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Portrait of Arthur St. Clair, by Charles Willson Peale, 1782
Portrait of Arthur St. Clair, by Charles Willson Peale, 1782
The high point of Arthur St. Clair's long military career, which began when he was a young British officer in the French and Indian War, came when General George Washington visited his quarters in Trenton, New Jersey on the evening of January 2, 1777. Knowing that the British were preparing to attack, Washington asked for his advice. As St. Clair later recalled, the general explained "a battle was certain if he kept his ground until the morning." Washington explained that a retreat "would be difficult and precarious," and a loss "might be fatal to the country under these circumstances." While most officers advocated a retreat, St. Clair offered a bold idea. St. Clair argued that the army should head for Princeton, outflank the British on the way, and capture the town. Washington's army followed St. Clair's plan and defeated the British at Princeton the following morning.

In response to the success at Princeton, Washington supported St. Clair throughout the rest of the war even when he made serious mistakes. Washington defended his colleague after St. Clair lost Fort Ticonderoga to the British in July 1777 and later asked him to join his staff after a court martial cleared him. In November 1781 following the Battle of Yorktown, Washington ordered St. Clair, who was serving as a Major General, to lead the Pennsylvania Line into the Carolinas to help Nathanael Greene expel the British. Ten years later, when he was President of the United States and St. Clair was the Governor of the Northwest Territory, Washington still had enough faith in his former aide-de-camp to appoint him commander of the American army assigned to defeat Native tribes north of the Ohio.

Washington warned St. Clair to "beware of a surprise." Ignoring this advice, St. Clair led his untrained men deep into the woods of western Ohio. On the morning of November 4, 1791, having left his camp unprotected the night before, Native American warriors attacked, killing or wounding at least 900 of St. Clair's soldiers, including most of his officers. St. Clair and a few hundred men escaped back to Fort Washington on the banks of the Ohio River. When President Washington learned of the defeat, he finally turned on St. Clair, calling him "worse than a murderer!"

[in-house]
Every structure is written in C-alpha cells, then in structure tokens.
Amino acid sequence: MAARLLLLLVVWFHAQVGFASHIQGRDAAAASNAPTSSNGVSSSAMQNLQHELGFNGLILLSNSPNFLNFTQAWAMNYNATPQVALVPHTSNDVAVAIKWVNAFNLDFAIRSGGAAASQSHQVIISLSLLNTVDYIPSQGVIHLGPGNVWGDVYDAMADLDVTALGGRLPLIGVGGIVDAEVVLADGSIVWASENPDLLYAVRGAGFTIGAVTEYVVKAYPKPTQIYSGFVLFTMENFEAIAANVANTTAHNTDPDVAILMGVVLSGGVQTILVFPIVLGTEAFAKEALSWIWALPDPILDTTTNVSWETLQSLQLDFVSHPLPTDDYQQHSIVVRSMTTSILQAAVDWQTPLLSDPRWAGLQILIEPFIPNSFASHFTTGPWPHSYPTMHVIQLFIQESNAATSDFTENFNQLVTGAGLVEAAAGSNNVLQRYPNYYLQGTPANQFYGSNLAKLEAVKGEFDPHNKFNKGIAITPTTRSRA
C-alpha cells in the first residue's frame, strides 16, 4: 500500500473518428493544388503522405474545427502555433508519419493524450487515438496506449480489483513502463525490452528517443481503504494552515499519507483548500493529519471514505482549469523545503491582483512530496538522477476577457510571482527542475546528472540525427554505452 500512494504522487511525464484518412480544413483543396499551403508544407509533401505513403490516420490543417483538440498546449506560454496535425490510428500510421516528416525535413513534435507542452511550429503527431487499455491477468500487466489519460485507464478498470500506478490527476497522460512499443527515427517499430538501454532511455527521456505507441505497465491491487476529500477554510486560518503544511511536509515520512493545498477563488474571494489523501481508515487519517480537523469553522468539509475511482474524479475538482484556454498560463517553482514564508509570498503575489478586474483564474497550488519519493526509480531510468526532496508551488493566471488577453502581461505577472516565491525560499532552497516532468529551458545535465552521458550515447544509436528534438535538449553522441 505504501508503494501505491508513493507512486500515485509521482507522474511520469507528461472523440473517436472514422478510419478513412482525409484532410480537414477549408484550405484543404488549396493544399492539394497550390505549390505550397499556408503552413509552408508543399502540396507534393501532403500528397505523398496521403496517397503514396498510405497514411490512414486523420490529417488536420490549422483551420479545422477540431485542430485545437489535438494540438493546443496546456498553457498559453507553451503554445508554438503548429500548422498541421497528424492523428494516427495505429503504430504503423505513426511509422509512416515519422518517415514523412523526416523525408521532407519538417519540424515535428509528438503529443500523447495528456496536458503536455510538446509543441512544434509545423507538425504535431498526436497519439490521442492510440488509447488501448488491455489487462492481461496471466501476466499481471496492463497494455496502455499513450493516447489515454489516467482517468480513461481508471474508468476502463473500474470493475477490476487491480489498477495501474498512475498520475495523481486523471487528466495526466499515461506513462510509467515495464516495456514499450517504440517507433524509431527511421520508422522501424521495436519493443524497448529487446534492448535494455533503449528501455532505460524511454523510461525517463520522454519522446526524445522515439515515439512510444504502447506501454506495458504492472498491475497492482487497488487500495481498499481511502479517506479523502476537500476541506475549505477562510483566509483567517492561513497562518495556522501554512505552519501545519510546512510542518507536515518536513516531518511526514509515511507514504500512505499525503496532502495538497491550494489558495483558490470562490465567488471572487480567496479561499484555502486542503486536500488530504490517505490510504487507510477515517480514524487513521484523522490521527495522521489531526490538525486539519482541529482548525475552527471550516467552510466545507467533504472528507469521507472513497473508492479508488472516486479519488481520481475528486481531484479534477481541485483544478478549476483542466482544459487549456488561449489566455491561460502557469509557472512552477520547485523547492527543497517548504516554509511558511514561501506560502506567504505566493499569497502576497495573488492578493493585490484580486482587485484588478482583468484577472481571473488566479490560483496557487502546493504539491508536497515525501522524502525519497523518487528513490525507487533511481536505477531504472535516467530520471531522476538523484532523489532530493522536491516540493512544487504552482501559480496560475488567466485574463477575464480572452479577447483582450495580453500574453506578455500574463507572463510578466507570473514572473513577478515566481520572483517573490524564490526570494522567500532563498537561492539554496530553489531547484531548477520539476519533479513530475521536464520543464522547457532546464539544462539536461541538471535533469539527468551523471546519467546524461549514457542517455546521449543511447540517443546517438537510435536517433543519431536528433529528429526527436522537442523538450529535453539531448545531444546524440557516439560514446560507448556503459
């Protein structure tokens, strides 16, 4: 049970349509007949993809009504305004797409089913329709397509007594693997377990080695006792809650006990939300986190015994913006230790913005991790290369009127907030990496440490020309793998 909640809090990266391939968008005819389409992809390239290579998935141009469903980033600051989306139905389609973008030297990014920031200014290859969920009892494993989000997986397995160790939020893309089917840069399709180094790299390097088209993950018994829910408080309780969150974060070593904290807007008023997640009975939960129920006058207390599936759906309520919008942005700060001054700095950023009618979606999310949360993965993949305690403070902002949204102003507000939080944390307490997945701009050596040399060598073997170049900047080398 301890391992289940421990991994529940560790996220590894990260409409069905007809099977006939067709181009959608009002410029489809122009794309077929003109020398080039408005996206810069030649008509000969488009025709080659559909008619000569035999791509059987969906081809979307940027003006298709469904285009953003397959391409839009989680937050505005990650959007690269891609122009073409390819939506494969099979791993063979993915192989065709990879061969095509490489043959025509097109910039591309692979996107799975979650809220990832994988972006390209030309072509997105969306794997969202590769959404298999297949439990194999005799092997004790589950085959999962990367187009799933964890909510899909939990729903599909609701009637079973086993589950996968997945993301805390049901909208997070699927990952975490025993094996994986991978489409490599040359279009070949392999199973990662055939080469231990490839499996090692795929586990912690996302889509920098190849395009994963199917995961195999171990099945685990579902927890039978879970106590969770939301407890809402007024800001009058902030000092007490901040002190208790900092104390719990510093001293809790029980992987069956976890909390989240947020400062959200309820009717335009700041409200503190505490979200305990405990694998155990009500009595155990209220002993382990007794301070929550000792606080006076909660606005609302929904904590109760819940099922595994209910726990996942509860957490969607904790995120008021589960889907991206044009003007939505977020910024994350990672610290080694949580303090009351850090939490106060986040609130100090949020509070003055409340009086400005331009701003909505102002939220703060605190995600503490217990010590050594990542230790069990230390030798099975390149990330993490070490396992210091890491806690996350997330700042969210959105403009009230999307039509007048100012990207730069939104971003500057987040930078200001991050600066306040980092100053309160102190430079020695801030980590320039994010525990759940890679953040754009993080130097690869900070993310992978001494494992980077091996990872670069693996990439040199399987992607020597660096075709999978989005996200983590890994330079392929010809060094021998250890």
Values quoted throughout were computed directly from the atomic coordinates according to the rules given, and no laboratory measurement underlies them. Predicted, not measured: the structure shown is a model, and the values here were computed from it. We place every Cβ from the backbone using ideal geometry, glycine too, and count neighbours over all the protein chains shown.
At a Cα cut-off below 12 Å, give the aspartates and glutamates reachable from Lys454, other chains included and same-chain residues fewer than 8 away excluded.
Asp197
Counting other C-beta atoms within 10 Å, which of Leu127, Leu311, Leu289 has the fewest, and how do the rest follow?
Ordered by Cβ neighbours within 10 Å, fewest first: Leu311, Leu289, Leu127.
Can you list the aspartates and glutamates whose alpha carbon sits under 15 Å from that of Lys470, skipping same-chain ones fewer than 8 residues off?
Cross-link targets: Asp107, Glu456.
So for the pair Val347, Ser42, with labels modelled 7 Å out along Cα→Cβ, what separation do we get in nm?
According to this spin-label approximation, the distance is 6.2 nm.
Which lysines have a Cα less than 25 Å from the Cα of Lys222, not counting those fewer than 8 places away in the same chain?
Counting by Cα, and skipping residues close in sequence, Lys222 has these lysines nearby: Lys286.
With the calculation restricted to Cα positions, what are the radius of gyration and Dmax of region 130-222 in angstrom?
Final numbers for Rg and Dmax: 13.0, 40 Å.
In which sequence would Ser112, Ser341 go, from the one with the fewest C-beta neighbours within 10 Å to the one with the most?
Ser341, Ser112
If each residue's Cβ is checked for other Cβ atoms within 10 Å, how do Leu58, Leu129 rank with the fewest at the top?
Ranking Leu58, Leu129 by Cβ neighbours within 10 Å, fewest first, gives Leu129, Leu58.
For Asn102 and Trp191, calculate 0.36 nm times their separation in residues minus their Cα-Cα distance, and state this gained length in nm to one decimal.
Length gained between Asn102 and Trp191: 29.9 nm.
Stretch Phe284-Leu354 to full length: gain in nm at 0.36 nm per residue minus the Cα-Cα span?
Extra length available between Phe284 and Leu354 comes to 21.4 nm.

Washington was more kind in his treatment of St. Clair when defending himself before Congress in Philadelphia in January 1792, the first investigation of the executive branch by the legislature under the Constitution. Washington ignored St. Clair's pleas to remain commander of the American army, despite being exonerated. St. Clair was replaced from his military post, though Washington did allow him to remain as the Governor of the Ohio Territory. In 1802, President Thomas Jefferson removed St. Clair from his territorial governorship, preferring a member of his own party rather than a Federalist. St. Clair spent the rest of his life in western Pennsylvania, where he sank deeper into poverty and died forgotten and alone in 1818 at 81 years of age.


Mary Stockwell, Ph.D.


Fischer, David Hackett. Washington's Crossing. Oxford and New York: Oxford University Press, 2004.

The Life and Public Services of Arthur St. Clair, Volumes 1 and 2. Ed. William Henry Smith. Cincinnati: Robert Clarke & Company, 1882.

Rush, Richard. Washington in Domestic Life: From Original Letters and Manuscripts. Philadelphia: J. B. Lippincott and Co. 1857.